The following is a high-level overview of schema types.
Let's take a look at a simple XML schema, which is made up of one complex-type element with two child simple-type elements.
<?xml version="1.0" encoding="UTF-8"?> <xs:schema xmlns:xs="http://www.w3.org/2001/XMLSchema"> <xs:element name="Author"> <xs:complexType> <xs:sequence> <xs:element name="FirstName" type="xs:string" /> <xs:element name="LastName" type="xs:string" /> </xs:sequence> </xs:complexType> </xs:element> </xs:schema>
As you can see, an XML schema is an XML document and must follow all the syntax rules of any other XML document; that is, it must be well formed. XML schemas also have to follow the rules defined in the "Schema of schemas," which defines, among other things, the structure of an element and attribute names in an XML schema.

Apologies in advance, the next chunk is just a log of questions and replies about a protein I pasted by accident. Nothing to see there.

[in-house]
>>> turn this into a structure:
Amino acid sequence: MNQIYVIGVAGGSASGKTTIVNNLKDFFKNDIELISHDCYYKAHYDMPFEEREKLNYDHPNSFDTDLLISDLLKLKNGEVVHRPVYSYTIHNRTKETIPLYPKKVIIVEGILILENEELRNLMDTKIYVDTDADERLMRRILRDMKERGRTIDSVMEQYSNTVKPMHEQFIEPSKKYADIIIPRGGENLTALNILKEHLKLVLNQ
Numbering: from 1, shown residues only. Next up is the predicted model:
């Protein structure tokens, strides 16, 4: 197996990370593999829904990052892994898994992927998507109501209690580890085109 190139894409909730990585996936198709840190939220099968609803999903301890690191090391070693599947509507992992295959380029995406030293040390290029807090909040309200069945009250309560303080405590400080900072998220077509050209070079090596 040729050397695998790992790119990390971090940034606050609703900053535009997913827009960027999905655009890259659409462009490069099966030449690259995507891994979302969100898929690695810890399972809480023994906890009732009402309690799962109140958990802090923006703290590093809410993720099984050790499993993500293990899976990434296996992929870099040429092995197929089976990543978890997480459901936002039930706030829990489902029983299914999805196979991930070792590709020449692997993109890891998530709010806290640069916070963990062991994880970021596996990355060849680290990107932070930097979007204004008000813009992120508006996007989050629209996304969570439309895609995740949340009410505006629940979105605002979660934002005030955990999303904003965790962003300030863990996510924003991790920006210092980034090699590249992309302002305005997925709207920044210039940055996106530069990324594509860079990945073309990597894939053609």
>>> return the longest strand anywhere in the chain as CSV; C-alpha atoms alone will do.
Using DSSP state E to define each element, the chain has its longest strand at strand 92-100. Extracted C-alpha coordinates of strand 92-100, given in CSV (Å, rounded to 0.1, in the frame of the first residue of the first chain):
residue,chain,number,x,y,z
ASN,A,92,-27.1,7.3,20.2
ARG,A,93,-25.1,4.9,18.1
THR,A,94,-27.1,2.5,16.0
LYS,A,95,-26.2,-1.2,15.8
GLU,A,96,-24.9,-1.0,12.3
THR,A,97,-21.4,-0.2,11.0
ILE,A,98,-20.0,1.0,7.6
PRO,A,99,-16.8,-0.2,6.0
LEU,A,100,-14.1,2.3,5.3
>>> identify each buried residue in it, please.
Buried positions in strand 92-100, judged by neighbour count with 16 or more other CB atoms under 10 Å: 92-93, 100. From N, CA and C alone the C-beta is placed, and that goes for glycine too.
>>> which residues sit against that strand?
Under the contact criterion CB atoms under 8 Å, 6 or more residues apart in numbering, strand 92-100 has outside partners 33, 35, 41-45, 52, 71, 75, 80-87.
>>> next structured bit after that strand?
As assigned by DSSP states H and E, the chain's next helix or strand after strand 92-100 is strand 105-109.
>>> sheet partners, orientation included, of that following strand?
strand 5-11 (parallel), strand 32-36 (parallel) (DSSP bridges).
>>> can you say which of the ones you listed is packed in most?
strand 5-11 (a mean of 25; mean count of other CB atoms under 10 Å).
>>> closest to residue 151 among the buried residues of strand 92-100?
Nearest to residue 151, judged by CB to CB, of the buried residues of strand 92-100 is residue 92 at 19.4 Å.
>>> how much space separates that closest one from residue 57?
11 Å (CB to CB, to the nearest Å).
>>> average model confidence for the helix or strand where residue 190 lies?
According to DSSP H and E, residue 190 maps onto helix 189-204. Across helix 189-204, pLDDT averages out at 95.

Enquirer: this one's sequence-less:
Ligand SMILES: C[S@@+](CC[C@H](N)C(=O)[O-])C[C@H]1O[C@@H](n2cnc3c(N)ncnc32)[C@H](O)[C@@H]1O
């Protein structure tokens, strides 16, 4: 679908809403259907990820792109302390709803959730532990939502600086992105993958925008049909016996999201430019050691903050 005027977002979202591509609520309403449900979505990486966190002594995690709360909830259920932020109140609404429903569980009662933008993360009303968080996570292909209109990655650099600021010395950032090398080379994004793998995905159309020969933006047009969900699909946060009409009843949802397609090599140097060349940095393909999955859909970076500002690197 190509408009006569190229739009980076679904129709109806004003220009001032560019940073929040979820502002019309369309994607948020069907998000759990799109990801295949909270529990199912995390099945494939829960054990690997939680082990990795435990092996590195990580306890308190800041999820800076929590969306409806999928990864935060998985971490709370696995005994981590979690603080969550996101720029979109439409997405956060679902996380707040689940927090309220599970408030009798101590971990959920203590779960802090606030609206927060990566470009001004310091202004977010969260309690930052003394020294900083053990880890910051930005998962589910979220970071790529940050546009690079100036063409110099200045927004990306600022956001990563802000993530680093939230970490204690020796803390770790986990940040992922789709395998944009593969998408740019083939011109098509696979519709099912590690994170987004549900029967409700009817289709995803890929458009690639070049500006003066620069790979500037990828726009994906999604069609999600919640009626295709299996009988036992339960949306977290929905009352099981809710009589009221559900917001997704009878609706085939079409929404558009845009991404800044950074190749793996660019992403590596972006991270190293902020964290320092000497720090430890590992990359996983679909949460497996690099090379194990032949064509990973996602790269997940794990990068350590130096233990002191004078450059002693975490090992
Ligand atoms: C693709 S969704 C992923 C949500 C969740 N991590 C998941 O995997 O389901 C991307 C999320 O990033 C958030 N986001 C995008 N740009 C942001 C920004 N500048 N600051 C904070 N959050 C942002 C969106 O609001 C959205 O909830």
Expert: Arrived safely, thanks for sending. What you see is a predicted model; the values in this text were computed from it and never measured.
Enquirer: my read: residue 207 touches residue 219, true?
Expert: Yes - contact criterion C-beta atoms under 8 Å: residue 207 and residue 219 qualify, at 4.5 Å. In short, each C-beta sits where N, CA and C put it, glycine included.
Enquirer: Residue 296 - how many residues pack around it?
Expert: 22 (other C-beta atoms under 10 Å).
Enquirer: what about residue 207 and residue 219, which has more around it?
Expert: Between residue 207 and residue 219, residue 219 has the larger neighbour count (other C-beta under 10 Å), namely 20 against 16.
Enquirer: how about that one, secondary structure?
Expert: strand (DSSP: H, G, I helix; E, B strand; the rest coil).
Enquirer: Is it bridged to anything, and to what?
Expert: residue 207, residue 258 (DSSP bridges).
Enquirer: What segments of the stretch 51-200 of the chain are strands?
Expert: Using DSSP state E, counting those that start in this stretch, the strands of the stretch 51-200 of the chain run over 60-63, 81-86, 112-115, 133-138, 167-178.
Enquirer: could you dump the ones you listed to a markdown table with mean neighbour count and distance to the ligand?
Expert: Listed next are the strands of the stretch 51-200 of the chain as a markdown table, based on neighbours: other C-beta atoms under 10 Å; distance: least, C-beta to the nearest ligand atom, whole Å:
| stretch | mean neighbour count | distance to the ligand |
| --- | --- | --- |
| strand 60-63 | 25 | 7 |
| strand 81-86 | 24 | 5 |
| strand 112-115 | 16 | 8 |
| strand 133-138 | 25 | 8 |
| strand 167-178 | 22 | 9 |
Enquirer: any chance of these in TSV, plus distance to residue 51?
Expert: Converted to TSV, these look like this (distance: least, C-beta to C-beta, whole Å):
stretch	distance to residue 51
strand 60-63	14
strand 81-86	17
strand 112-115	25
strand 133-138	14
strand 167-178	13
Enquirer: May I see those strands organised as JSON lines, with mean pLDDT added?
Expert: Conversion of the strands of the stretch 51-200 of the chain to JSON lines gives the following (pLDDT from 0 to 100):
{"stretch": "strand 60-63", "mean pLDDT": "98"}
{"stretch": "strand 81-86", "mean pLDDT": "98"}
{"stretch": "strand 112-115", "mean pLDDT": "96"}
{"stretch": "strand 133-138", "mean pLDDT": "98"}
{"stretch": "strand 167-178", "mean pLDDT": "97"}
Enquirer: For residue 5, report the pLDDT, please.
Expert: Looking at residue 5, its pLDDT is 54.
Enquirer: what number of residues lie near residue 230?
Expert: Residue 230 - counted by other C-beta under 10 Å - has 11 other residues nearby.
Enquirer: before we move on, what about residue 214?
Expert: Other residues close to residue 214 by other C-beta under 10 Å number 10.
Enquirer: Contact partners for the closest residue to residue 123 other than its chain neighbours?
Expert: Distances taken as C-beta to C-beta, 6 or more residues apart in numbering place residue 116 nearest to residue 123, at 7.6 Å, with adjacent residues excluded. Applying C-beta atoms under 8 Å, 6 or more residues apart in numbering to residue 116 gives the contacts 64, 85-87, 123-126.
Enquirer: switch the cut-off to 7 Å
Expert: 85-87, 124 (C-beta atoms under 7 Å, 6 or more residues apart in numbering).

Although it is not required, it is a common practice to use the
xsqualifier to identify schema elements and types.
The document element of XML schemas is
xs:schema. It takes the attribute
xmlns:xs with the value of
http://www.w3.org/2001/XMLSchema, indicating that the document should follow the rules of XML Schema. This will be clearer after you learn about namespaces.
In this XML schema, we see a
xs:element element within the
xs:element is used to define an element. In this case it defines the element
Author as a complex-type element, which contains a sequence of two elements:
LastName, both of which are of the simple type, string.
In the last section, you saw an example of a simple XML schema, which defined the structure of an
Author element. The code sample below shows a valid XML instance of this XML schema.
<?xml version="1.0"?> <Author xmlns:xsi="http://www.w3.org/2001/XMLSchema-instance" xsi:noNamespaceSchemaLocation="Author.xsd"> <FirstName>Mark</FirstName> <LastName>Twain</LastName> </Author>
This is a simple XML document. Its document element is Author, which contains two child elements:
LastName, just as the associated XML schema requires.